Updated: 2011-09-26 14:40


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Skylab [File Photo]

Skylab was a space station launched and operated by NASA, the space agency of the United States. Skylab orbited the Earth from 1973 to 1979, and included a workshop, a solar observatory, and other systems. It was launched unmanned by a modified Saturn V rocket, with a mass of 169,950 pounds (77 t). Three manned missions to the station, conducted between 1973 and 1974 using the Apollo Command/Service Module (CSM) atop the smaller Saturn IB, each delivered a three-astronaut crew. On the third mission, an additional Apollo / Saturn IB stood by, ready for launch if needed to rescue the crew in orbit.

Skylab included an Apollo Telescope Mount (a multi-spectral solar observatory), Multiple Docking Adapter with two docking ports, Airlock Module with EVA hatches, and the Orbital Workshop, the main habitable volume of the station. Power came from solar arrays, as well as fuel cells in the docked Apollo CSM. The rear of the station included a large waste tank, propellant tanks for maneuvering jets, and a heat radiator.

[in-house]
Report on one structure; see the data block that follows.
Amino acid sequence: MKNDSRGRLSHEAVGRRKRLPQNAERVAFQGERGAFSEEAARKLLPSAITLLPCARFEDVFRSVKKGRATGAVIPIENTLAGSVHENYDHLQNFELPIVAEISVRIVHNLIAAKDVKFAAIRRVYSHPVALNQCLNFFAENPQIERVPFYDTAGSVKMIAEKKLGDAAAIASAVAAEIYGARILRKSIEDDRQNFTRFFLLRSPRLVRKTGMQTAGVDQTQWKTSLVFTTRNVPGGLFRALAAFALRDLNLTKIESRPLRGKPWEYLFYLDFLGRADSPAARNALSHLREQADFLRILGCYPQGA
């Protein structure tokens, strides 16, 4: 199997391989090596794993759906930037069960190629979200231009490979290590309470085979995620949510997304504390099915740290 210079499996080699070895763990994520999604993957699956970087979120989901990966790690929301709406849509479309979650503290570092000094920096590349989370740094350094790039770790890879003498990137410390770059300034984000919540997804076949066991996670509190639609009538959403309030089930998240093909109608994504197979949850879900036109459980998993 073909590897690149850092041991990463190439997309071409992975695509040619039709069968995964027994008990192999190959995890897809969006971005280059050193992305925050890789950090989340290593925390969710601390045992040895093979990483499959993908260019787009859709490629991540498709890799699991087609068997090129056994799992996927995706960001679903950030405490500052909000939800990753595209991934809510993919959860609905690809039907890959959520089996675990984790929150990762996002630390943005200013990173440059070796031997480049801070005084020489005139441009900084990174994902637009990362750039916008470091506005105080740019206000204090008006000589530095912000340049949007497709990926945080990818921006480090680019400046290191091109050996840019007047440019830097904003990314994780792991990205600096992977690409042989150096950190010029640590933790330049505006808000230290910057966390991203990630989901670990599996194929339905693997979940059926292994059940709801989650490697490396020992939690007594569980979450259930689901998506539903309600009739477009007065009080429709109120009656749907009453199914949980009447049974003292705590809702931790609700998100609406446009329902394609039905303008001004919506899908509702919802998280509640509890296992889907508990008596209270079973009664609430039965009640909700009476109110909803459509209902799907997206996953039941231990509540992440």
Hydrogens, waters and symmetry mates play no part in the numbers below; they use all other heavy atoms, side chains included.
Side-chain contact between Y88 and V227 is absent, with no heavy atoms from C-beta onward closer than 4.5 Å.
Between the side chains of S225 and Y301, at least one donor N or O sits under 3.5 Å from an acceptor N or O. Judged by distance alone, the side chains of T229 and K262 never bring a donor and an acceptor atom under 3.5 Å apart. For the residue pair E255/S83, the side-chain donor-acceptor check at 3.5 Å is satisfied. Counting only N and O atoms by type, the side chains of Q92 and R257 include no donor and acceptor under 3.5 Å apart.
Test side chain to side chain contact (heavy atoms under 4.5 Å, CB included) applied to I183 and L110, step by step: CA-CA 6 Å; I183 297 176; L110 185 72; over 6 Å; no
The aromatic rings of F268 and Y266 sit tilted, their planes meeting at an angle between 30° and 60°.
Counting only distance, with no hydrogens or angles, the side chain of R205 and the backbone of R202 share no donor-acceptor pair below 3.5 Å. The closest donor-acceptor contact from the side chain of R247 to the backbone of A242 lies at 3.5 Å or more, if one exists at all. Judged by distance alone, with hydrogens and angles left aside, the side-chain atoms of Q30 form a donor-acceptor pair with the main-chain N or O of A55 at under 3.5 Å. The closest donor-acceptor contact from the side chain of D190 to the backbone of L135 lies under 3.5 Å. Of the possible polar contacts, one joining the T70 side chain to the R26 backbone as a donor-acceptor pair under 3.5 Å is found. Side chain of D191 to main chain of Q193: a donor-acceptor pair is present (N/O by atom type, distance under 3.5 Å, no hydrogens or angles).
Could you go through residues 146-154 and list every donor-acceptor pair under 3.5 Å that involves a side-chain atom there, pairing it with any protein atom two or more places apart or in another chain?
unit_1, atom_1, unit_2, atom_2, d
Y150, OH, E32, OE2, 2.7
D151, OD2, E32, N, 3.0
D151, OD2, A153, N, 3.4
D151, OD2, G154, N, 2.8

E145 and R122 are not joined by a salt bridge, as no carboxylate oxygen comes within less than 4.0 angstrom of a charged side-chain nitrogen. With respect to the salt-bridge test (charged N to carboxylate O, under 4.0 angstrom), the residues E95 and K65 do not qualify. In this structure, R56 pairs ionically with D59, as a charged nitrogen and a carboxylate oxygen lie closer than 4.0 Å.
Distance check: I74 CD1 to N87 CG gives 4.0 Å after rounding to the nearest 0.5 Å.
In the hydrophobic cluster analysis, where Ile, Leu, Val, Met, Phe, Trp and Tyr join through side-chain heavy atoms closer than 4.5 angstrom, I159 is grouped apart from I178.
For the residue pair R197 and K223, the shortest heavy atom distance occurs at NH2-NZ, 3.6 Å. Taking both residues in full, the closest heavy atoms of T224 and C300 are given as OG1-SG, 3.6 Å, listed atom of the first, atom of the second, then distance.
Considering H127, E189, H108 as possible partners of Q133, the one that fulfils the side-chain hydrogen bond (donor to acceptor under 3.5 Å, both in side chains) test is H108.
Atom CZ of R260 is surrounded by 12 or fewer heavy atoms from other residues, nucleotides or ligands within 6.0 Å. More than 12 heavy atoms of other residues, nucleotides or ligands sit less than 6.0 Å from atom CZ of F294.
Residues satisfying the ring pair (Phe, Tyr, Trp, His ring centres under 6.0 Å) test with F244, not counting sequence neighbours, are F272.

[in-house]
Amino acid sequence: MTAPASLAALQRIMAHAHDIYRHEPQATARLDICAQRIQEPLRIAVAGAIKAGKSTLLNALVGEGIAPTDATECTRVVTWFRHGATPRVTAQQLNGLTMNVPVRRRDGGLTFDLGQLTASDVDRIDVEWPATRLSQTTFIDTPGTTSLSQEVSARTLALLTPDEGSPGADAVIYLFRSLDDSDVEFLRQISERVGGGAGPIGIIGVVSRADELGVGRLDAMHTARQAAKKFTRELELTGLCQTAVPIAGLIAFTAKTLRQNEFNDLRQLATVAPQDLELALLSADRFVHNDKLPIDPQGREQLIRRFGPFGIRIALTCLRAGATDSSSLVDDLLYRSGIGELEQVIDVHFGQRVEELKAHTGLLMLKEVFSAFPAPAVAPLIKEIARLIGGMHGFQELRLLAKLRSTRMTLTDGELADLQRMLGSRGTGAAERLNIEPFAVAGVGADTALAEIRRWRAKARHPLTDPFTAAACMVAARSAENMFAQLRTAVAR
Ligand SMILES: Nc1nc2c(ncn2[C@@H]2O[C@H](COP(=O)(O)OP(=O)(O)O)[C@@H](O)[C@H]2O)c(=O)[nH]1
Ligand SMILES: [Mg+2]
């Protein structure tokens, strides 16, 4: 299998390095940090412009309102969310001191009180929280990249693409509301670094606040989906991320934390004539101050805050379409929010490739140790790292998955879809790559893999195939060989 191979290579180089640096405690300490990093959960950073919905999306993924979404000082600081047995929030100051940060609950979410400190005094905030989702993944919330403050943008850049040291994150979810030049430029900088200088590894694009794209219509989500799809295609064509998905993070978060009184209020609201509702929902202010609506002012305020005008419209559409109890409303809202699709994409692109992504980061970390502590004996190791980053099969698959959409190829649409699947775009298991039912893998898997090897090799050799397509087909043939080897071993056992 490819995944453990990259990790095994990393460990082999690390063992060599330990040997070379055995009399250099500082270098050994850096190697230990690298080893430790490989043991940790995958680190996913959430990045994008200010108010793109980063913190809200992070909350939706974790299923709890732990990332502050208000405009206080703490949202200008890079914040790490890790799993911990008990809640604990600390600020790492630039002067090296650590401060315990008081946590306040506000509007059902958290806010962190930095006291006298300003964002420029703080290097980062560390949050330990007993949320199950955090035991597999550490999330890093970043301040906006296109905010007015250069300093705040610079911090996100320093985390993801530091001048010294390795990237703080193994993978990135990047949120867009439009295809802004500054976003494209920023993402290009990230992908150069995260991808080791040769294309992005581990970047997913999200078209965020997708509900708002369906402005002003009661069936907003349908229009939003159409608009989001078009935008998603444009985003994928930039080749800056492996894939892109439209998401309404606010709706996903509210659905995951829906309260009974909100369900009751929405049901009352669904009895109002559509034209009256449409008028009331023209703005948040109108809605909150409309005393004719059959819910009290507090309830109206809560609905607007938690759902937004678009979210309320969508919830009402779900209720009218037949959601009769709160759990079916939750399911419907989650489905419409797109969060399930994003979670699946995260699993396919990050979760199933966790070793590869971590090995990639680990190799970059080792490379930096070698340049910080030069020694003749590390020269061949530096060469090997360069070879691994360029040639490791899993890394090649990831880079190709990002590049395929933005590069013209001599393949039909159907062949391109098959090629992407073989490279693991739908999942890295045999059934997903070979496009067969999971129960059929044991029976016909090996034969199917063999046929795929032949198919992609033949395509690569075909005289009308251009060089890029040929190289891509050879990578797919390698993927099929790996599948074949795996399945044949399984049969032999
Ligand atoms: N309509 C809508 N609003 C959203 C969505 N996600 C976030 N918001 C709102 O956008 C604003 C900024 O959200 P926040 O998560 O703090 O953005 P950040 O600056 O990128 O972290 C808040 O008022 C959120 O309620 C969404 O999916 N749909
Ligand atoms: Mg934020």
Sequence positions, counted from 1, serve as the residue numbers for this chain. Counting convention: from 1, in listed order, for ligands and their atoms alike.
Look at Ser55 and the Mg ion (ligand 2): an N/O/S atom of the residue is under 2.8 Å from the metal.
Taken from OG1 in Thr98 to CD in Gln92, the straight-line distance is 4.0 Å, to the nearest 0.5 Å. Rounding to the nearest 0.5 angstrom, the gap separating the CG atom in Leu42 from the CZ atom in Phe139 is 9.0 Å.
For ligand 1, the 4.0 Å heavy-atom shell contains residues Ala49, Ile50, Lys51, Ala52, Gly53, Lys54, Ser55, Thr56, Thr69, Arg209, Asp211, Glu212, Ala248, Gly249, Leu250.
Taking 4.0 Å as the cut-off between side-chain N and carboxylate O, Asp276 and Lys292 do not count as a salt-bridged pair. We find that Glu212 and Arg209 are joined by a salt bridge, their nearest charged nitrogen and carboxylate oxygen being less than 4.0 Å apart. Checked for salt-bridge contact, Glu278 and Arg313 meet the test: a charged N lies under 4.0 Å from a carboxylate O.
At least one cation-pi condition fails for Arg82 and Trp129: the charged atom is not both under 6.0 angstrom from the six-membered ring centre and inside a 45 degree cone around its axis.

The station was damaged at launch when the micrometeroid shield separated from the station and tore away, depriving the station of most of its power, removing protection from intense solar heating, and threatening to make the station unusable. The first crew was able to save it in the first ever in-space major repair, by deploying a replacement heat shade and freeing the single remaining, jammed main solar array.